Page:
We've had 12 months of record-breaking global heat. How close are we to passing the 1.5 C limit?

While the last 12-month period globally reached 1.64 C above pre-industrial levels, according to the latest data from the Copernicus climate research program, that isn't quite the same as breaching the 1.5 C limit set in the 2015 Paris Agreement.

But it's a major alarm that we're close, and that global warming has continued to speed up in the past few years.

Each month from July 2023 to June 2024 was the hottest on record for that month, and each one reached or crossed 1.5 C above that month's pre-industrial average, the European program said.

The warming is driven in part by the natural El Niño weather pattern, which typically raises temperatures. But the underlying trend of global warming is clear and experts are pointing to factors in addition to greenhouse gas emissions that may have pushed temperatures to the current record levels.

More than greenhouse gases to blame?

Zeke Hausfather, a scientist with Berkeley Earth, a non-profit that works on data analysis for climate science, says the temperature rise is in line with what their climate models predict and the acceleration of global warming being seen over the past 15 years.

People walk on the beach during low tide as sail boats pass in Vancouver, July 7, 2024. Heat warnings have been put in place for the Metro Vancouver area for elevated temperatures.
People walk on the beach during low tide as sail boats pass in Vancouver on July 7, 2024. Heat warnings have been put in place for the Metro Vancouver area for elevated temperatures. (Ethan Cairns/The Canadian Press)

"It is a pretty dire sign that the world will soon exceed the 1.5 C target, and that we have effectively waited too late to reduce emissions to avoid it," he said in an email.

"The recent 12-month period above 1.5 C is also in line with an apparent recent acceleration in the rate of warming which is in line with what our climate models expect in a world where planet-cooling aerosol emissions (e.g. of sulfur dioxide) are being rapidly reduced while emissions of CO2 and other greenhouse gases remain at record high levels."

Those aerosol emissions refer to air pollutants from things like burning coal and shipping fuel. New regulations have reduced the emissions of these pollutants — which are harmful to human health, but also reflect heat and have a cooling effect on the atmosphere.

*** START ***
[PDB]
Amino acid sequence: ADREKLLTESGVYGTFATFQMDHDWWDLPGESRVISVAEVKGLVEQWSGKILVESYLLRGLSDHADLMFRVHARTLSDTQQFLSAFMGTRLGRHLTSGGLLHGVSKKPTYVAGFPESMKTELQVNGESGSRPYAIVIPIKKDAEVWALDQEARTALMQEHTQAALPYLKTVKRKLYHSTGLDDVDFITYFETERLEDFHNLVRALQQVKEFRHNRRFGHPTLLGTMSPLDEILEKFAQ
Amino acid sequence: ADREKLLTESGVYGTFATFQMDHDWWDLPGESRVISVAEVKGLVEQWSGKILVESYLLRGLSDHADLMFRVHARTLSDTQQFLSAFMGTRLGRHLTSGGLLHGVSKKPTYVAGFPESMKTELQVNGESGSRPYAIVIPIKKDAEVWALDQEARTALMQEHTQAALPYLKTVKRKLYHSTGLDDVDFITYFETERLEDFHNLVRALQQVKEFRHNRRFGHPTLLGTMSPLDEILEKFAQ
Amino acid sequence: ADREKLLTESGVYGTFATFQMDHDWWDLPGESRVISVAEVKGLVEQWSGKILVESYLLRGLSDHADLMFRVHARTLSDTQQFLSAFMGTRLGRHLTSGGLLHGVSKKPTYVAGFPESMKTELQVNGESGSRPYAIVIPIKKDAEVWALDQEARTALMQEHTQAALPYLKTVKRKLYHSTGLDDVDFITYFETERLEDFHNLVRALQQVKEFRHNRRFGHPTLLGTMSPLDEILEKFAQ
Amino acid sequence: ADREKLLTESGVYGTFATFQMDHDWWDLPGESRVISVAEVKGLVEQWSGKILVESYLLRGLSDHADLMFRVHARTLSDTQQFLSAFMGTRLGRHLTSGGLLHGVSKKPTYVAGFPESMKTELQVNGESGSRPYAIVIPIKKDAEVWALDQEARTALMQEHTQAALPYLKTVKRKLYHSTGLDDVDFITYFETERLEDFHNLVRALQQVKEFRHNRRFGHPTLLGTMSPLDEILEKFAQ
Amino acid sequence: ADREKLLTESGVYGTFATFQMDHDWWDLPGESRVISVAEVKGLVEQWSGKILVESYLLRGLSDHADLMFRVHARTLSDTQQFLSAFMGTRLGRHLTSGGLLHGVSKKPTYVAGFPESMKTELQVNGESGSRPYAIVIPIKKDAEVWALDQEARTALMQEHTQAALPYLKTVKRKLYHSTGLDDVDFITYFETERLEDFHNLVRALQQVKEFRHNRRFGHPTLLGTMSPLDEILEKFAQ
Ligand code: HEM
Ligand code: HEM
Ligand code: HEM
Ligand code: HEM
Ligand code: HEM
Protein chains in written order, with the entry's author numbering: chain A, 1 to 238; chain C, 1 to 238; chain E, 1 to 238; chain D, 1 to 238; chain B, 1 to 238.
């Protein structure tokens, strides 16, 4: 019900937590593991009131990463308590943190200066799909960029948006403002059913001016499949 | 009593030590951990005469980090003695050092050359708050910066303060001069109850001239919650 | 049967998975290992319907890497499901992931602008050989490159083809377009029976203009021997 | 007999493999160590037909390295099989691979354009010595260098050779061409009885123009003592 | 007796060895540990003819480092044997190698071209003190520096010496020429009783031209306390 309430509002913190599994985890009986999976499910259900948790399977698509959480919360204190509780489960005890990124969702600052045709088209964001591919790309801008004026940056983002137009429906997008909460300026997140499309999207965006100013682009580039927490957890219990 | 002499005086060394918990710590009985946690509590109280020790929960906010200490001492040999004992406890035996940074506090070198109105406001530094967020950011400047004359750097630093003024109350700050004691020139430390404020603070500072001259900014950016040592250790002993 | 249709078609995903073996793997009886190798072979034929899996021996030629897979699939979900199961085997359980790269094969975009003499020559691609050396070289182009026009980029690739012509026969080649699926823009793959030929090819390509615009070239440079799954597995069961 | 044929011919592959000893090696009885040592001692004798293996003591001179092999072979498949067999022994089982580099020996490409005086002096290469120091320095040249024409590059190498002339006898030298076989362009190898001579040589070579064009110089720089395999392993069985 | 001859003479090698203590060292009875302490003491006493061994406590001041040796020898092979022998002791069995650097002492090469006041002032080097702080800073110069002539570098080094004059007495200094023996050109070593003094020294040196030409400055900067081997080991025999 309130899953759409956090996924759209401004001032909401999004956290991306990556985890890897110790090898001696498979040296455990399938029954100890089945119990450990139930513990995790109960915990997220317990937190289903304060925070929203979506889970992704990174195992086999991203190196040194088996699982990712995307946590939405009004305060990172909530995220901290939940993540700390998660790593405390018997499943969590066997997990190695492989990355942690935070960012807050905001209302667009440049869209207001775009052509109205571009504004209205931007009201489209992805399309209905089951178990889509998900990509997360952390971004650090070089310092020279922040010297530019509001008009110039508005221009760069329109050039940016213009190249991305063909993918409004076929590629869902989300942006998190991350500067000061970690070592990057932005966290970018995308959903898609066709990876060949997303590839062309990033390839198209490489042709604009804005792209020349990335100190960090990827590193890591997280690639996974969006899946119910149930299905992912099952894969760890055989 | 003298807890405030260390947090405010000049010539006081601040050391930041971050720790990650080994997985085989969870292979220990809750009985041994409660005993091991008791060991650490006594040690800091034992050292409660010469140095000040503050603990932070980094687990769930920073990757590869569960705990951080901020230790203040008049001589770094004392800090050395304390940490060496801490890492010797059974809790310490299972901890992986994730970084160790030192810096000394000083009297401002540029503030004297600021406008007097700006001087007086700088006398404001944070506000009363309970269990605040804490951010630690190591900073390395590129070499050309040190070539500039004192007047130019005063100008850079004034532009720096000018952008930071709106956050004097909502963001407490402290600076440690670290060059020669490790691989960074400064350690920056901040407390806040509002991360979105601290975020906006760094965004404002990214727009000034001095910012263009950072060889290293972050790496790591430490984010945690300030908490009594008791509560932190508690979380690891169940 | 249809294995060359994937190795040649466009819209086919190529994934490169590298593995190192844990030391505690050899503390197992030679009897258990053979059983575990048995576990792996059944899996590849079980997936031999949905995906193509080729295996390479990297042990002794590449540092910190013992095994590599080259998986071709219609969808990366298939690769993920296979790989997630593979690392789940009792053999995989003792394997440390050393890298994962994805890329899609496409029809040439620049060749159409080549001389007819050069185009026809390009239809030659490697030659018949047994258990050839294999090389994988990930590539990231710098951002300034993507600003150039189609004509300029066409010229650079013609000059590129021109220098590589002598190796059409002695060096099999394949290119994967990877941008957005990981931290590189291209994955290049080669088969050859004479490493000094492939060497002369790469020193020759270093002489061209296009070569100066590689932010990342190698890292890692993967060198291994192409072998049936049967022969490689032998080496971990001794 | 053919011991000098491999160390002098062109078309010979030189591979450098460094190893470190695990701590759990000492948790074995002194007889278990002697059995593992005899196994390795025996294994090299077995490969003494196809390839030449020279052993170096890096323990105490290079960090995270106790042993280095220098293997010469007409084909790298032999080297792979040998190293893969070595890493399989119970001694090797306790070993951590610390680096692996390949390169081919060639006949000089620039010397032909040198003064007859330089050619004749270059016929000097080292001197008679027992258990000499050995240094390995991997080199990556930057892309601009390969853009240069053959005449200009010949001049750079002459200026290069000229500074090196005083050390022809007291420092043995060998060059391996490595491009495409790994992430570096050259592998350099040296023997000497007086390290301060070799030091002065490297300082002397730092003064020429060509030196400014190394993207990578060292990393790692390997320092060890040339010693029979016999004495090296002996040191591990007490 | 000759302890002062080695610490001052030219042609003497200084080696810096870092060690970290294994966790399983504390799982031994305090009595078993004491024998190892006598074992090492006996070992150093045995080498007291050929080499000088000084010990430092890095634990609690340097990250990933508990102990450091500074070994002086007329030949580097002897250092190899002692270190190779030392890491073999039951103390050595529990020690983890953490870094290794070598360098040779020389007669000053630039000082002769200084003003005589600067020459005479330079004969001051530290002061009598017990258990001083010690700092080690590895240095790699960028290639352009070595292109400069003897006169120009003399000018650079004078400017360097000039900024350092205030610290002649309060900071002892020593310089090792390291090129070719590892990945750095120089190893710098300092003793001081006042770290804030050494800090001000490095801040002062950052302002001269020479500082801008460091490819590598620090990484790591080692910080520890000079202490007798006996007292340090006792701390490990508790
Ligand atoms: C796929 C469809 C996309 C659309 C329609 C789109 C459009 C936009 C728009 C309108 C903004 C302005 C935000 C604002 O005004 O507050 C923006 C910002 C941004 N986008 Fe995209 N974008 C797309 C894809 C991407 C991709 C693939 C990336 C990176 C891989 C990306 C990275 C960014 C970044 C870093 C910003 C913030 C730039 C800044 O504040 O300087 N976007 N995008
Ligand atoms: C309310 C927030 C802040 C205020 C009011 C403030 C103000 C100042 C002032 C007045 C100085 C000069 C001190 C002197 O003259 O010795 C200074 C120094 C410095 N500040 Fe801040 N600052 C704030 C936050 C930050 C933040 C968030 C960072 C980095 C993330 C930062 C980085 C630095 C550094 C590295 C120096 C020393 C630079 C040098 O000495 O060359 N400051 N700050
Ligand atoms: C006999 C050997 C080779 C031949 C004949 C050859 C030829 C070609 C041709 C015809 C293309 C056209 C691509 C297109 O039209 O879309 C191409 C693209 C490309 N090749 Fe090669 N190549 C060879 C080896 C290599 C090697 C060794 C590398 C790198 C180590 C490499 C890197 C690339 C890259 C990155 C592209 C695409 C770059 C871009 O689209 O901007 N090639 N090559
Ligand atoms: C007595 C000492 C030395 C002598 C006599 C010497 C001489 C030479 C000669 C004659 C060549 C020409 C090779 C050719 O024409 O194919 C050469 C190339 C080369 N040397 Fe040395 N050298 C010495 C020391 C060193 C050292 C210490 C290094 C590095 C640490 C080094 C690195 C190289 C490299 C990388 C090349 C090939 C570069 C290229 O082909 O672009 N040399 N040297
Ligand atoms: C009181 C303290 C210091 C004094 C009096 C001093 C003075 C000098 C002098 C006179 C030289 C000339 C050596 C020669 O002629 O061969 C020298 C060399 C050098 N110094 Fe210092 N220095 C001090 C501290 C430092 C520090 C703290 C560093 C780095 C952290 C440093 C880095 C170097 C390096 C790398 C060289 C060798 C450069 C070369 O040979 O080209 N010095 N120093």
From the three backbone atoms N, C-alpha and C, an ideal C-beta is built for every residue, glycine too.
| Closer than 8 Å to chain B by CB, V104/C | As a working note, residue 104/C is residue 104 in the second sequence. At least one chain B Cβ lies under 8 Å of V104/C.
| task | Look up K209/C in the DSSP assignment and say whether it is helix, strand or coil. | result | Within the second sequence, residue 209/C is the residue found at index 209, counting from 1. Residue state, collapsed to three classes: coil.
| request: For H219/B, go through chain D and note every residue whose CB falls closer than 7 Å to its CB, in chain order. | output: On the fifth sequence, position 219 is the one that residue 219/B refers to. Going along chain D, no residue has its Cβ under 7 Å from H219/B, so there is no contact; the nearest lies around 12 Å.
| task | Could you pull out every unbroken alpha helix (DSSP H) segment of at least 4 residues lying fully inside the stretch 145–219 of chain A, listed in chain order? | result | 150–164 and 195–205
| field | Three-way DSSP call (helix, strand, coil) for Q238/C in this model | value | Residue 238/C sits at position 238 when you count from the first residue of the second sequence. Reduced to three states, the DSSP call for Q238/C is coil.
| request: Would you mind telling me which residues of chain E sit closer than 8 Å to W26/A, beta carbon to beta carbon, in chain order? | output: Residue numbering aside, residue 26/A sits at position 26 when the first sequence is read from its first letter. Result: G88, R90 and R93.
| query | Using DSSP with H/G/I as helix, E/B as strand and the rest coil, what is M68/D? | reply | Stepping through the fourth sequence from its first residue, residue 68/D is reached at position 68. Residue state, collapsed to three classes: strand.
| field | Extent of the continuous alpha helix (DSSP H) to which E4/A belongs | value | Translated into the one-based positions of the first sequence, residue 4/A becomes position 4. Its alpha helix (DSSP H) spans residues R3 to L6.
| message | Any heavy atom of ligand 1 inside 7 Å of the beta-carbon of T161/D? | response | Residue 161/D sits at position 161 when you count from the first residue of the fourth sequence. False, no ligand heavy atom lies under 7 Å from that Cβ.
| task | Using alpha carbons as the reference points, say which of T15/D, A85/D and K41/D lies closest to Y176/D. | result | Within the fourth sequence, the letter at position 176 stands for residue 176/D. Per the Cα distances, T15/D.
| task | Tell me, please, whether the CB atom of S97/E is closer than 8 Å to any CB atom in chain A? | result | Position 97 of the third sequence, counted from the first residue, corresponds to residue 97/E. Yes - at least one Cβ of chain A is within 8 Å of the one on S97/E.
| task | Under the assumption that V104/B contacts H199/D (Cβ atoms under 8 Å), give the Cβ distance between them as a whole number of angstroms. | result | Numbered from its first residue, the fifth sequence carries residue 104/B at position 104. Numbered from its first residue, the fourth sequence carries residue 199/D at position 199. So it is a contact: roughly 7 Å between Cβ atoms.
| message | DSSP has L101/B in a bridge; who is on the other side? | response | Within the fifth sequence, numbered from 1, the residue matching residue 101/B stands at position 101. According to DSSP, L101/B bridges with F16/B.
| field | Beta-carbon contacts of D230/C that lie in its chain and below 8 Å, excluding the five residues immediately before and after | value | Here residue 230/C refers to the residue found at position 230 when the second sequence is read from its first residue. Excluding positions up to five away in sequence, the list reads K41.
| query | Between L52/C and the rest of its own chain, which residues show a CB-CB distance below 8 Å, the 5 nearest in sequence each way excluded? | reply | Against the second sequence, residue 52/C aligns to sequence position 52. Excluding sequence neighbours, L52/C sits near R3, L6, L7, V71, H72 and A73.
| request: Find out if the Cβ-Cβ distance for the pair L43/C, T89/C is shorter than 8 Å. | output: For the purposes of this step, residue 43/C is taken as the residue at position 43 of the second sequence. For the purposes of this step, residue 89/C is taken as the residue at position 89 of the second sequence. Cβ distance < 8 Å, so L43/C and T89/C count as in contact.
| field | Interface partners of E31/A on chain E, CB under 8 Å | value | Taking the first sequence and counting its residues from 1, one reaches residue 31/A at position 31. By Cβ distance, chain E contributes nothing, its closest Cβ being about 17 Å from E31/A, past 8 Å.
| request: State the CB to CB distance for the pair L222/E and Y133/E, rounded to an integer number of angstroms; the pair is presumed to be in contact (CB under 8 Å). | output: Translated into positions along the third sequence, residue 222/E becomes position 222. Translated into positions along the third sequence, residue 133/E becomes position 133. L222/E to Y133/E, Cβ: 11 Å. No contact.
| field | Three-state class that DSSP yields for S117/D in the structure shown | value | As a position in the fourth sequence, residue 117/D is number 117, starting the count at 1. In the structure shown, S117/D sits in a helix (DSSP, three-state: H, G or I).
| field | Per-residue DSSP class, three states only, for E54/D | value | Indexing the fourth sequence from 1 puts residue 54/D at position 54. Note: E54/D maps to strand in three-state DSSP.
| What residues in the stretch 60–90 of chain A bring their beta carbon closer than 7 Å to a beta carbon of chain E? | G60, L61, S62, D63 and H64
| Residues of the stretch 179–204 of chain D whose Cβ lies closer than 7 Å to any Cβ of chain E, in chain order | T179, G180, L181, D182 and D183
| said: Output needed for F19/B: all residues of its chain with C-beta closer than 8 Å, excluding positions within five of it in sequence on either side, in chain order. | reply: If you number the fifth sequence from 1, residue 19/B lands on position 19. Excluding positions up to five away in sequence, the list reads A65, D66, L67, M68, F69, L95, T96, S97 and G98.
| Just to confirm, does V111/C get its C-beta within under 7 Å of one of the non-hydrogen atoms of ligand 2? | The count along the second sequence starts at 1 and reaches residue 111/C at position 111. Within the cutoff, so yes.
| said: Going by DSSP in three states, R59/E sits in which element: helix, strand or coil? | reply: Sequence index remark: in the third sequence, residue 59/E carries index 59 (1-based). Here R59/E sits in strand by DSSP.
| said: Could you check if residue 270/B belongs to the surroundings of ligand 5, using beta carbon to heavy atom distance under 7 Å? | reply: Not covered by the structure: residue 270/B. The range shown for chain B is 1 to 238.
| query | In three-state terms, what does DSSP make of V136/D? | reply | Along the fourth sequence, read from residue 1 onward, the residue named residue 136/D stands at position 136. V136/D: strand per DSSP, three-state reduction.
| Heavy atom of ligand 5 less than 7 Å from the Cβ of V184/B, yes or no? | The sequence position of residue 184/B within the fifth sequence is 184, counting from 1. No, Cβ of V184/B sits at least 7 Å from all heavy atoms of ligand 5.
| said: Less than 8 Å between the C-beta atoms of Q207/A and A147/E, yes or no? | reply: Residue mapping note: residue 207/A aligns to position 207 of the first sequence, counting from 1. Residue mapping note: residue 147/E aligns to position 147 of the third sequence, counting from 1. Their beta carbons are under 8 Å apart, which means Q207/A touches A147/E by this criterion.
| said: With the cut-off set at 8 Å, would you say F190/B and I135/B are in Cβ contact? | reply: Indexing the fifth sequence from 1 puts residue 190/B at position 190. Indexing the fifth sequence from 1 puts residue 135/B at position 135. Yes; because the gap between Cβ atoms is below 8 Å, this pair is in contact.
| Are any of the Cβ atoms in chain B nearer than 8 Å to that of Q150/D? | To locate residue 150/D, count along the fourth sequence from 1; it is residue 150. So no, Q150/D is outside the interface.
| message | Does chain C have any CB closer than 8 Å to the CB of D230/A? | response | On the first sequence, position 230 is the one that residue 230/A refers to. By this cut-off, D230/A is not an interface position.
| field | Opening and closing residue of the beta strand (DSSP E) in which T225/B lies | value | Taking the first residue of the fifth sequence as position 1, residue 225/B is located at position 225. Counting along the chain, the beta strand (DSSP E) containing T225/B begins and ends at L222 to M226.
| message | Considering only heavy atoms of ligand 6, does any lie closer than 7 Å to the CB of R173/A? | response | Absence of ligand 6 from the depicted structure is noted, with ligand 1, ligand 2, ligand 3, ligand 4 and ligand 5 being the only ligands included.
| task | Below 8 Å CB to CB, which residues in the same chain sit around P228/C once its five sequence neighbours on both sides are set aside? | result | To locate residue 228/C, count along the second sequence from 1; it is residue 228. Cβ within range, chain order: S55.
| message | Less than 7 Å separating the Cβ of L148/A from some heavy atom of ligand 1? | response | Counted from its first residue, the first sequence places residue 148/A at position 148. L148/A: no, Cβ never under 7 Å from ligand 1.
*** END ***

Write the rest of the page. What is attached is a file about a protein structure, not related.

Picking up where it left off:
Reducing their emissions, some models are suggesting, could be having a warming effect.

The magnitude of heat in 2023 has scientists looking more seriously at the impact of removing these aerosols from the atmosphere — and the long-term impact on climate change, according to Bill Merryfield, a climate scientist at Environment and Climate Change Canada.

"2023 was so extraordinary that there's been a lot of speculation that there may have been effects on top of the greenhouse gas driving of global warming," said Merryfield, referring to the impact of the new fuel regulations.

"The magnitude of the effect is still being studied and debated. Some scientists think it's very small, some think it may be significant," Merryfield said.

How is this different from the Paris threshold?

The alarming statistics further point to a climate system teetering on the edge, with the impacts of that warming being seen in climate disasters like storms, floods and extreme heat hitting countries around the world, experts say.

But those impacts don't reflect what it actually means to cross the 1.5 C threshold of the Paris climate accord, which refers to a more long-term shift in average temperatures.

People walk through misters along the Las Vegas Strip in Las Vegas. The city set an all time record high of 48.8 C as a heat wave spread across the Western U.S. sending many residents in search of a cool haven from the dangerously high temperatures.
People walk through misters along the Las Vegas Strip in Las Vegas. The city set an all-time record high of 48.8 C as a heat wave spread across the Western U.S., sending many residents in search of a cool haven from the dangerously high temperatures. (John Locher/The Associated Press)

"Crossing 1.5 C for 12 months is not the same as crossing the threshold year after year in a global average sense," said Stanford University climate scientist Rob Jackson. "It's different for ice melt, it's different for all kinds of processes."

Jackson's upcoming book, Into the Clear Blue Sky, talks about climate solutions and the urgent need to repair the damage to the atmosphere.

"It's surprising and discouraging to be so close to crossing the 1.5 C threshold," he said. "We've sprinted right to the edge of that threshold quickly and quite cavalierly."

Beyond extreme weather, pushing global average temperatures past 1.5 C would have serious impacts on sea-level rise, and could possibly start triggering climate tipping points, such as the irreversible melt of the Arctic permafrost or a change in major ocean currents that regulate global weather.

These major impacts would not be seen if only a few years temporarily crossed the 1.5 C threshold.

According to the World Meteorological Organization, 2023 was the warmest year on record, and there's an 80 per cent chance that at least one of the years between 2024 and 2028 will exceed 1.5 C.

Back in 2015, the chance of this was close to zero, according to the WMO.